Union Forces Attack Fisher’s Hill
Sheridan grasped Early’s dilemma and determined to move against the Confederates while they were vulnerable. On the night of September 20, Sheridan and Major General George Crook devised a plan to crush Early’s army. The next day, most of Sheridan’s army advanced on the Rebel center, feinting a frontal attack.
With Early’s attention focused on the center, Crook marched two divisions (5,000 soldiers) undetected around the Confederate left flank. At about 4 p.m. on September 22, Crook’s soldiers smashed into the Rebels who quickly fell back in confusion. As the left end of Early’s line collapsed, Sheridan advanced the rest of his army, spurring a general Confederate retreat.
Confederates Withdraw from Fisher’s Hill
With his army now decimated and demoralized by two overwhelming defeats within three days, Early had no choice but to get his army away from Sheridan or face annihilation. He retreated south nearly 100 miles to Rockfish Gap in the Blue Ridge Mountains.
Outcome of the Battle of Fisher’s Hill
The result of the Battle of Fisher’s Hill was a Union victory and the defeat was a crushing blow to the Confederacy. Early’s small army suffered over 1,200 casualties (killed, wounded, and captured/missing), which it could ill-afford. The Federals suffered just over 500 casualties.
The Burning of the Shenandoah Valley
After Early’s army retreated, Sheridan had control of the Shenandoah Valley. Starting on September 26, 1864, Sheridan conducted an operation that laid waste to the valley for 13 days. Known as “The Burning,” Sheridan claimed to have slaughtered thousands of sheep, hogs, and cattle and to have burned “2,000 barns filled with wheat, hay, and farming implements [and] over seventy mills filled with flour and wheat.” Sheridan’s campaign denied the Confederacy of supplies that were much needed on other fronts. However, it was brutal, and even shocked some of Sheridan’s men. Colonel James H. Kill, who was in the brigade under the command of George A. Custer, wrote:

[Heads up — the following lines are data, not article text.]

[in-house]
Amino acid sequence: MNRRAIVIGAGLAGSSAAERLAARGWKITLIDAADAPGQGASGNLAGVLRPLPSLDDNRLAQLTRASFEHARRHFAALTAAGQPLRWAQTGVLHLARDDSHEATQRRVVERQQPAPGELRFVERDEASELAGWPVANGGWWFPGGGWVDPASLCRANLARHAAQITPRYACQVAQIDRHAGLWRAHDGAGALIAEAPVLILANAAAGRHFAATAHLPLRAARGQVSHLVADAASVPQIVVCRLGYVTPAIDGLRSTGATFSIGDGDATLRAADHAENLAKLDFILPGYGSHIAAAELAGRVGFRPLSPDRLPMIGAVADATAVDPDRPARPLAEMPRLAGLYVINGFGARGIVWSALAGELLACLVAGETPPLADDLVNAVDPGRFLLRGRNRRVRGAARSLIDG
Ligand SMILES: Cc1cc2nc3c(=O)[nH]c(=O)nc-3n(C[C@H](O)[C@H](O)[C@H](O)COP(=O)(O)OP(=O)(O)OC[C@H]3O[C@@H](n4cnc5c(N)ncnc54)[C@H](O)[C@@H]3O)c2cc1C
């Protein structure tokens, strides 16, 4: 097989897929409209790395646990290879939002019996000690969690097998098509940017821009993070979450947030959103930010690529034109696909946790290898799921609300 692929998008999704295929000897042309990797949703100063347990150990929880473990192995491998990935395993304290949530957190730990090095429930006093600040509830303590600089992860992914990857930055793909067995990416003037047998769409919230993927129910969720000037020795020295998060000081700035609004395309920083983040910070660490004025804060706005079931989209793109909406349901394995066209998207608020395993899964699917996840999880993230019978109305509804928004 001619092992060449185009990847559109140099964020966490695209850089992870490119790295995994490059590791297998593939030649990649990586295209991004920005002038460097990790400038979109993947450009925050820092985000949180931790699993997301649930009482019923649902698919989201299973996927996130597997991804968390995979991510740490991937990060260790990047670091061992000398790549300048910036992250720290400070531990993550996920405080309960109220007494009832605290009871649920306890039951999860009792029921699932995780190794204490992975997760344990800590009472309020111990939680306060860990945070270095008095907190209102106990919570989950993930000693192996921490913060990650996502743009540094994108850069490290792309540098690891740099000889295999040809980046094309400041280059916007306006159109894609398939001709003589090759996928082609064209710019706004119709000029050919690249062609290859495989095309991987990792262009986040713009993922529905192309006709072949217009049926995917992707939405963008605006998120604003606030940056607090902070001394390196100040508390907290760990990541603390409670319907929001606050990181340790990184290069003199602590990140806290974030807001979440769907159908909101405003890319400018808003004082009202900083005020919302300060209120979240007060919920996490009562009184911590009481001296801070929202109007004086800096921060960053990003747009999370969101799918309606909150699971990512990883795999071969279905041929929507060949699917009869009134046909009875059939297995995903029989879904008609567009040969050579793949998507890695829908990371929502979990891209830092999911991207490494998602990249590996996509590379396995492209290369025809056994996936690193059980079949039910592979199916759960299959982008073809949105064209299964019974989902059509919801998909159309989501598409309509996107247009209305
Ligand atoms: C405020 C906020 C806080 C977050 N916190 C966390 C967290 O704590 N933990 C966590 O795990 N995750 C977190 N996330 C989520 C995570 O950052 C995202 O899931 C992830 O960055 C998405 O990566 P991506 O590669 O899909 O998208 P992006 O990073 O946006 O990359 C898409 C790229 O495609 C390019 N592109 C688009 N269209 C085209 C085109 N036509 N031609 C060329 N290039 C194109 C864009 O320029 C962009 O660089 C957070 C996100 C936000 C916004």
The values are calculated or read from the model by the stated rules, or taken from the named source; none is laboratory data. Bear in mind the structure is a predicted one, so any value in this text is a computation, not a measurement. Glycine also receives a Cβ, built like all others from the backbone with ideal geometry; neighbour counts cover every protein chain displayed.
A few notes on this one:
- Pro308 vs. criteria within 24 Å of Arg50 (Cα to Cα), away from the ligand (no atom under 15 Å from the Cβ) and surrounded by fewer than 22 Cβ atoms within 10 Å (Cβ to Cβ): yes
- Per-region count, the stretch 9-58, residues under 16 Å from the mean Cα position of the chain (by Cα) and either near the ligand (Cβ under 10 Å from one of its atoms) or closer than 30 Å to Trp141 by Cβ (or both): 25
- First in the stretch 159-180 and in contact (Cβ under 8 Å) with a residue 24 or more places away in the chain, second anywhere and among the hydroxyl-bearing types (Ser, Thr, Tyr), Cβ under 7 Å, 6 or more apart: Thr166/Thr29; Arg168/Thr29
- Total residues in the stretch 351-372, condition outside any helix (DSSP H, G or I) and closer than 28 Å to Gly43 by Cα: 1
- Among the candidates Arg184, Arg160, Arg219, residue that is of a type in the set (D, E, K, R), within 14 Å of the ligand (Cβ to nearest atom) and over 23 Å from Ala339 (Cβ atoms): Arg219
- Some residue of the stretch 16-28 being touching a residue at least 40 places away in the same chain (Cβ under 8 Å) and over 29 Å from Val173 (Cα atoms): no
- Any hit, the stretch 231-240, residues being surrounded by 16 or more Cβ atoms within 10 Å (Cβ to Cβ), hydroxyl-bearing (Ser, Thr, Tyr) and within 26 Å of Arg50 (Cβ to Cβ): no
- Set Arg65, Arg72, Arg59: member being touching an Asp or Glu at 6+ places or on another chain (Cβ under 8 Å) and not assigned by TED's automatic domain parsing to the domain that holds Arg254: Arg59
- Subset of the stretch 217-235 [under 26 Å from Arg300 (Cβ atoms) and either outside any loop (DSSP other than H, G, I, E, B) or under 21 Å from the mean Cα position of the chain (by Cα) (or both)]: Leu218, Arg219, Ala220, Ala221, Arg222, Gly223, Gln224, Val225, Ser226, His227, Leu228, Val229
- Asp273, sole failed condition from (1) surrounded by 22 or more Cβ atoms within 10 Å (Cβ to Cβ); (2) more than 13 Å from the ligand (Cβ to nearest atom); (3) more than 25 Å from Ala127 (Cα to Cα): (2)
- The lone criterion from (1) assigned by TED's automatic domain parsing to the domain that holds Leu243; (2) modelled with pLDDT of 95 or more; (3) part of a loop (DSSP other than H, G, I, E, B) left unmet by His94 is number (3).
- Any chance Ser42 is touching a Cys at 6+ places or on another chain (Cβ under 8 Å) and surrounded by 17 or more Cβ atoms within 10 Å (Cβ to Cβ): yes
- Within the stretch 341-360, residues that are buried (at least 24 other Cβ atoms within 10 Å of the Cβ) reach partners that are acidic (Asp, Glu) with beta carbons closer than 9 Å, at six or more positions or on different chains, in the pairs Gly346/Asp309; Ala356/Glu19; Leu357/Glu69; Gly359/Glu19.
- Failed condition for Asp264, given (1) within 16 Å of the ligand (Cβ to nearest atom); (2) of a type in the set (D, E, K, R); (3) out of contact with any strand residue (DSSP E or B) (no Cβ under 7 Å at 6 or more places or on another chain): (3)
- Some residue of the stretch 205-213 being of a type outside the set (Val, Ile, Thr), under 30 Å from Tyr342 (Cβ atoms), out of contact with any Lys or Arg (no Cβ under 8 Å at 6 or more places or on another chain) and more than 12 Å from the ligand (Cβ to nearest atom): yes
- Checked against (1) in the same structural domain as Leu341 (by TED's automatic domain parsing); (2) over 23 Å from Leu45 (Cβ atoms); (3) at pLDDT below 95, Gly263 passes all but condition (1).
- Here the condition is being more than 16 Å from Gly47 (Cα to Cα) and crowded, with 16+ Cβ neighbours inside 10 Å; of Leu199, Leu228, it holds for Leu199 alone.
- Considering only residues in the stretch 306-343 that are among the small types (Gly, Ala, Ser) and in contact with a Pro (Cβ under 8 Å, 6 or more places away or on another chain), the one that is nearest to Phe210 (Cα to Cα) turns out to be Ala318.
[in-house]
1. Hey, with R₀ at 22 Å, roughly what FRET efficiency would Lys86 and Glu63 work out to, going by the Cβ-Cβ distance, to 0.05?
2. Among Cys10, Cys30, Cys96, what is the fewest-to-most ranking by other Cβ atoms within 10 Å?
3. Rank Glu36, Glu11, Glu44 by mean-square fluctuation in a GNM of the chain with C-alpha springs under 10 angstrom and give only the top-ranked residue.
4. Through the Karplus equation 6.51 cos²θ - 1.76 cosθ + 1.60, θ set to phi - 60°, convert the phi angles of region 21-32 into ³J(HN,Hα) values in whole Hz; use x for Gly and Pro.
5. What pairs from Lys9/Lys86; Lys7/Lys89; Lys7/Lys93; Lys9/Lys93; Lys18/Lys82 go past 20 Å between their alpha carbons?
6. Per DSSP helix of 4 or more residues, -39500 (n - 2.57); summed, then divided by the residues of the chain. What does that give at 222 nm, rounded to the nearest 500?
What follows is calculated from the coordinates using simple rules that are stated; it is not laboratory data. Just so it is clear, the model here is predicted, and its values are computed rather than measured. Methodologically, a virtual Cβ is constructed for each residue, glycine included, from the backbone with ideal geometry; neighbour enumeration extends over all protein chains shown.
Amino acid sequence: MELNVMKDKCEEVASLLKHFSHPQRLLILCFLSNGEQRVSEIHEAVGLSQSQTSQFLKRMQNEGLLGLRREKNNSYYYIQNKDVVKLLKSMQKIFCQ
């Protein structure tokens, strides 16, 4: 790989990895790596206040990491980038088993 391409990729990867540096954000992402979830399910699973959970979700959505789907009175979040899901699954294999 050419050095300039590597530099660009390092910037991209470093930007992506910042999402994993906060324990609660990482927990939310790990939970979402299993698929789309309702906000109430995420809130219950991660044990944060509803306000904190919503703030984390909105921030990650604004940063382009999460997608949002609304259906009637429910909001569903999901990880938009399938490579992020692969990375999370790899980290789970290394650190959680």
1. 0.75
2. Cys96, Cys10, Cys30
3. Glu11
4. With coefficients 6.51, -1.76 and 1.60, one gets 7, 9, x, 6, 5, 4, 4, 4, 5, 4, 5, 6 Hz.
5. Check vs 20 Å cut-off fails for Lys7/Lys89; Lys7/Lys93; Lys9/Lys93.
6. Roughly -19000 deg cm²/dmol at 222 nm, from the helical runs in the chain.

What I saw there is burned into my memory. The anguish pictured in their faces would have melted any heart not seared by the horrors and ‘necessities’ of war. It was too much for me and at the first moment that duty would permit I hurried from the scene.
Significance of the Battle of Fisher’s Hill
The Battle of Fisher’s Hill was important because Early’s retreat opened the central Shenandoah Valley to Sheridan’s scorched earth offensive known as “The Burning.”
Facts About the Battle of Fisher’s Hill
This section provides an overview of the important facts about the Battle of Fisher’s Hill, including key dates, commanders, casualties, and the military units that were involved.
- The battle occurred from September 21–22, 1864
- Shenandoah County, Virginia, near Strasburg
Principal Union Commanders
- Major General Philip Sheridan
Principal Confederate Commanders
- Lietenant General Jubal A. Early
Union Forces Engaged
- Army of the Shenandoah
Confederate Forces Engaged
- Army of Vallley
Number of Union Soldiers Engaged
- Roughly 29,444
Number of Confederate Soldiers Engaged
- Roughly 9,500
- 528 (51 killed, 477 wounded)
- 1,235 (30 killed, 300 wounded, roughly 1,000 captured)
- Union victory
- Confederate forces withdrew from the Shenandoah Valley
Fisher’s Hill and the Shenandoah Valley Campaign for AP US History
Timeline of the Battle of Fisher’s Hill
These are the main battles and events of the Civil War and the Shenandoah Valley Campaign that led to the Battle of Fisher’s Hill.
- May 15, 1864 — Battle of New Market
- June 5, 1864 — Battle of Piedmont
- June 17–18, 1864 — Battle of Lynchburg
- July 9, 1864 — Battle of Monocacy
- July 11–12, 1864 — Battle of Fort Stevens
- September 19, 1864 — Battle of Opequon
- September 22, 1864 — Battle of Fisher’s Hill
- October 9, 1864 — Battle of Tom’s Brook
- October 19, 1864 — Battle of Cedar Creek